The Independent Regulatory Board for Auditors (IRBA) said on Friday that one of the lines of investigation into embattled audit firm KPMG was nearing completion and would be tabled at the upcoming investigating committee, while others are progressing satisfactorily.
The IRBA is investigating KPMG after it in September last year withdrew its reports on the work it did for the South African Revenue Services (Sars) to investigate allegations of a rogue unit allegedly set up by former Sars commissioner Pravin Gordhan, and also for the work it did on behalf of the controversial Gupta family.
IRBA chief executive Bernard Agulhas said in a statement that the investigation into KPMG was multi-faceted and has extended into a number of lines of investigation, beyond the initial investigation into the audits of the Sars report and Linkway Trading, the company at the centre of the R30 million Gupta wedding scandal where public funds were allegedly diverted for a private wedding at Sun City.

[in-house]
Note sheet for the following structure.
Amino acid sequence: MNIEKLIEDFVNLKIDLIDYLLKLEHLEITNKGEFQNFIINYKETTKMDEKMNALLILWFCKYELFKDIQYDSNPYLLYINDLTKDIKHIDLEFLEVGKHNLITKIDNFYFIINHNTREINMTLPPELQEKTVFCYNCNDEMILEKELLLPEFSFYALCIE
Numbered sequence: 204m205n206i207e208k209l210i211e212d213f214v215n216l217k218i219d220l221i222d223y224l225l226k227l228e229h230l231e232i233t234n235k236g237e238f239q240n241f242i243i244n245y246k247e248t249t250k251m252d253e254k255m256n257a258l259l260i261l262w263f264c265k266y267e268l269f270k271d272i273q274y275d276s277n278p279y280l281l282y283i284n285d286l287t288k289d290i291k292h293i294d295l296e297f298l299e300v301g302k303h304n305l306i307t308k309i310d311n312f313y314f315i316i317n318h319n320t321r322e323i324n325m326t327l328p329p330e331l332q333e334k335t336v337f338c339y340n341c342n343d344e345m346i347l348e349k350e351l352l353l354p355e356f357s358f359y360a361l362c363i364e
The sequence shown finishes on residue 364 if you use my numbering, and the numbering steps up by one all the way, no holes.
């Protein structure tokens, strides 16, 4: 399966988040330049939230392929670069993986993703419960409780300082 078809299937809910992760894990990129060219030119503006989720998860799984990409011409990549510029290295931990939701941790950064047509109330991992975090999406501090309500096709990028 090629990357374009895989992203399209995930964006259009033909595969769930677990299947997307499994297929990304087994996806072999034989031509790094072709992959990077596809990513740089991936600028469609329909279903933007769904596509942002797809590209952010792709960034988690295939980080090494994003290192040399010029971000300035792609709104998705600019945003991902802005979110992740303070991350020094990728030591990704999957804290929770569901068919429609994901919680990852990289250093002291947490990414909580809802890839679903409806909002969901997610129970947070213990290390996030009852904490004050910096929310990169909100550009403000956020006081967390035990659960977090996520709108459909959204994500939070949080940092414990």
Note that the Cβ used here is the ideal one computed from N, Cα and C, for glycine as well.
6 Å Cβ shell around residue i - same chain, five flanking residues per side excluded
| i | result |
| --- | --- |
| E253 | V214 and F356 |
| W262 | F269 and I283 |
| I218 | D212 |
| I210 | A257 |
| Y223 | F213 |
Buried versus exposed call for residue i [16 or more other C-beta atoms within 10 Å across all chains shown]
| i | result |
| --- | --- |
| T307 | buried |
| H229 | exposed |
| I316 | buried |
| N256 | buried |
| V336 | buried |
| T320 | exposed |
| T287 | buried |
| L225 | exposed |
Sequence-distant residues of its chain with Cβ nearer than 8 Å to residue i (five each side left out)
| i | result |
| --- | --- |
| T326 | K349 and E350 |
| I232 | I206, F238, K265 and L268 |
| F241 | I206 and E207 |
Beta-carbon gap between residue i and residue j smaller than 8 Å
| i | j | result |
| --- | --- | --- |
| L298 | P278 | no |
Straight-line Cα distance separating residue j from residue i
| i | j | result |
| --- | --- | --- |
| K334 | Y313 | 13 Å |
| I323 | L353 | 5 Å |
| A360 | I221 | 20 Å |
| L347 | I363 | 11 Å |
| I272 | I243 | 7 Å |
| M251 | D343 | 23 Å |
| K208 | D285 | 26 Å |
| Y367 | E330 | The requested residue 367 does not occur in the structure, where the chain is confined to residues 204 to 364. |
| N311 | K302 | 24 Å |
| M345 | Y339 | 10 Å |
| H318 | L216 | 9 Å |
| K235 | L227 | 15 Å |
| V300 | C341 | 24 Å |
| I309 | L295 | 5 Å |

An internal KPMG investigation found that work done for the Gupta family fell “considerably short” of accepted standards, leading to the company senior leadership in South Africa stepping down.
“In two matters, information which was requested from KPMG remains outstanding and the IRBA continues to engage with KPMG to obtain the information necessary to complete these investigations,” Agulhas said.
“With respect to the Sars matter, the IRBA engaged with the Sars Commissioner and most of the information has been received subsequently. The IRBA is confident that the additional information will be supplied in due course.”
Agulhas said that this was consistent with the IRBA’s powers under its Act to request any information necessary to perform its investigations.
Agulhas added that the IRBA investigation was completely independent of the Ntsebeza enquiry initiated by the South African Institute of Chartered Accountants (SAICA).
In October, SAICA announced an independent inquiry into the conduct of some chartered accountants formerly employed by embattled audit firm KPMG to be headed by an independent judge or senior counsel who will act as its chairman.
At the time that SAICA indicated it would pursue an independent enquiry, the IRBA cautioned of possible confusion in the marketplace about the nature, scope and findings of two different investigations, or that the market may conflate the two.
“The IRBA reiterates that it has no involvement in the Ntsebeza enquiry and will continue its own investigations following its due process in accordance with the Auditing Profession Act,” Agulhas said.
– African News Agency (ANA)
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